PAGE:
From Tehran to Jerusalem: A Hamas rocket’s trajectory
When Israel and the militant Islamic group Hamas agreed to a cease-fire last week, ending 11 days of airstrikes and rocket fire, both sides claimed victory.
So did Iran.
Hamas’ patrons in Tehran have shepherded the radical Palestinian organization’s weapons program for over two decades. This week they celebrated the recent fighting as evidence of another leap in Hamas’ military capabilities.
“The reality is that a new Palestine has emerged which is not fighting with rocks, but with rockets,” boasted Hossein Salami, commander of Iran’s Islamic Revolutionary Guards.
The unprecedented barrage that Hamas and the smaller Palestinian Islamic Jihad (PIJ) fired at Israel fits a pattern that Iran is seeking to inscribe across the Middle East through its support for Hezbollah in Lebanon, Houthi rebels in Yemen, and militias in Iraq and Syria.
Iran “sees a trajectory where [with] every round of confrontation, the deterrence potential and the military power of its allies on the ground is increased,” says Fabian Hinz, co-author of a recent report for the London-based International Institute for Strategic Studies (IISS) on Iran’s missile and drone programs.
In Gaza, that could force Israel to rethink its strategy.
Israel undoubtedly did enormous damage to Hamas installations in the Gaza Strip, hitting 1,500 targets during the recent hostilities. Its airstrikes on Hamas’ secret rocket-building factories displayed its intelligence prowess, and it shocked Hamas by killing a number of its military commanders in hiding, while destroying some 60 miles of underground tunnels known as the “Hamas metro.”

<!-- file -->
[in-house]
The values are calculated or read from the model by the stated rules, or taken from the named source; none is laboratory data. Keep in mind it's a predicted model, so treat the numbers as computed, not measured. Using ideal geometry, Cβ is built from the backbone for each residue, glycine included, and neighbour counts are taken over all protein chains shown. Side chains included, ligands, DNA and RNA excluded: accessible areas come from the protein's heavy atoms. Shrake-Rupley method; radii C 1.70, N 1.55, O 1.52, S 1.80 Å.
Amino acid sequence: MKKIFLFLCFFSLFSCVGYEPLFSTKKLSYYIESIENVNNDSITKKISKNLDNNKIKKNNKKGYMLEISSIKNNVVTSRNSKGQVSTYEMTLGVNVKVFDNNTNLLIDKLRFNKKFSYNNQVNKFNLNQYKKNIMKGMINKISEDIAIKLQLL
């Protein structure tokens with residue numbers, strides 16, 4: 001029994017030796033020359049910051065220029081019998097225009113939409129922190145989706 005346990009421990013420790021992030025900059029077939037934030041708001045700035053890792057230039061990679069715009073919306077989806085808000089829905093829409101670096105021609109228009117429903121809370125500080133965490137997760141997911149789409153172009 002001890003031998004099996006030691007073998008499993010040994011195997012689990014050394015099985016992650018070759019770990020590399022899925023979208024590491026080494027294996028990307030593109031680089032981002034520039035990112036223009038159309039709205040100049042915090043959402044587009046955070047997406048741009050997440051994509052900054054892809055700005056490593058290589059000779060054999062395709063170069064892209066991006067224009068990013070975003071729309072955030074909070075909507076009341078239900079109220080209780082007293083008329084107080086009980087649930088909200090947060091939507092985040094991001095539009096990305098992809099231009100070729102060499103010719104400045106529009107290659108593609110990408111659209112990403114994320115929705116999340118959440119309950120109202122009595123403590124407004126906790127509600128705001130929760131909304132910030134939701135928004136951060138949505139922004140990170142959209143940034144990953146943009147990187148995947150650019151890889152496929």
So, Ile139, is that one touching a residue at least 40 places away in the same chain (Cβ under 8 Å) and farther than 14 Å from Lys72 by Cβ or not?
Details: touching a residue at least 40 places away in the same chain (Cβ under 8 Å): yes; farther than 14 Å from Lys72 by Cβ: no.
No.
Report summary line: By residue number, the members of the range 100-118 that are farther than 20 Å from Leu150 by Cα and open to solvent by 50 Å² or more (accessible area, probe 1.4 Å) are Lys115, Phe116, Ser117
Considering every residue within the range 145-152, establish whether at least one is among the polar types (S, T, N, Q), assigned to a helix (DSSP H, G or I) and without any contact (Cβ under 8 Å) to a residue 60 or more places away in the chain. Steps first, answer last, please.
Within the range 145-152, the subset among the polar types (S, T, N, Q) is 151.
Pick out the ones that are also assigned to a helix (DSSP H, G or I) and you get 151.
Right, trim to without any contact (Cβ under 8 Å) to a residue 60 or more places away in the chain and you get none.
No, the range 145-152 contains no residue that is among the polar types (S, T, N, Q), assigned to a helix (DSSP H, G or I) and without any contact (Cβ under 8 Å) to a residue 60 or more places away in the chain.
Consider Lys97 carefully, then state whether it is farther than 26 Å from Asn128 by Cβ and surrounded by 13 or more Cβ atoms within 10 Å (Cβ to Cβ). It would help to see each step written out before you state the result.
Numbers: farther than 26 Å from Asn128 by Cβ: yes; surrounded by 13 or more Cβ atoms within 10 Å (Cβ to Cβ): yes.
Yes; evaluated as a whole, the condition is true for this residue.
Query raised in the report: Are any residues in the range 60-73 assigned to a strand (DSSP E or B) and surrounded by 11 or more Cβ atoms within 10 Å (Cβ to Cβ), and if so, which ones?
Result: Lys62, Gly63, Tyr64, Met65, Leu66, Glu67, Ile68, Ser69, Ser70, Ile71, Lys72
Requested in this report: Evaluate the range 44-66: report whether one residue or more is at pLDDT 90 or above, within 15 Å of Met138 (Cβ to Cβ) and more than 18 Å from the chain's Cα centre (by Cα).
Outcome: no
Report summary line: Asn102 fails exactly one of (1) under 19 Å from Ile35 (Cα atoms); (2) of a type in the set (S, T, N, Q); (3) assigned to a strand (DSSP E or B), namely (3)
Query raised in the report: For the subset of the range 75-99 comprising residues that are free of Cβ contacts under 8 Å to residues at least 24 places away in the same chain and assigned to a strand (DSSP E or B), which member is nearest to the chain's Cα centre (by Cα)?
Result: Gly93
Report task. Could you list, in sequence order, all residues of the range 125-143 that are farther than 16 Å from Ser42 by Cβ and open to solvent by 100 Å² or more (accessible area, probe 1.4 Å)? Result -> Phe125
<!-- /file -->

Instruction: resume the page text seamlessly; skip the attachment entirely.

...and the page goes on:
But the progress that Hamas armorers have made since the last sizable Israel-Hamas war in 2014 was startling. Over the 11 days of the recent conflict they shot 4,360 rockets at Israel, more than quadrupling the rate at which they fired during two months of hostilities in 2014, and for the first time they targeted Jerusalem, previously out of range.
On a number of occasions, the intensity of the indiscriminate rocket barrages – the rockets have no guidance systems – briefly overwhelmed Israel’s Iron Dome air defense.
None of this would have been possible without Iranian assistance, says Dr. Raz Zimmt, an Iran expert at the Institute for National Security Studies at Tel Aviv University.
“In the past they certainly used Iranian-made rockets,” says Dr. Zimmt. “The trend we’re seeing, not just in Gaza, but also with Hezbollah and with the Houthis in Yemen, is that they’re moving from buying weapons from Iran to using technology from Iran to manufacture them domestically.”
The IISS report notes that Hamas has moved beyond “very primitive” early designs to longer-range rockets, “massively aided” by Iran. It cites leaked intelligence documents showing that Iranian experts trained PIJ technicians in the production of solid rocket fuel chemicals, and even tried to set up a factory in Syria to make them.
“We do say this loud and clear … Iranians are the ones who support us with weapons, money, and food,” a senior PIJ official, Ramez al-Halabi, told an Iraqi TV channel on the eve of the fight.
After the battle, Hamas political chief Ismail Haniyeh said in a televised speech that Iran “did not hold back money, weapons, and technical support. Thanks.”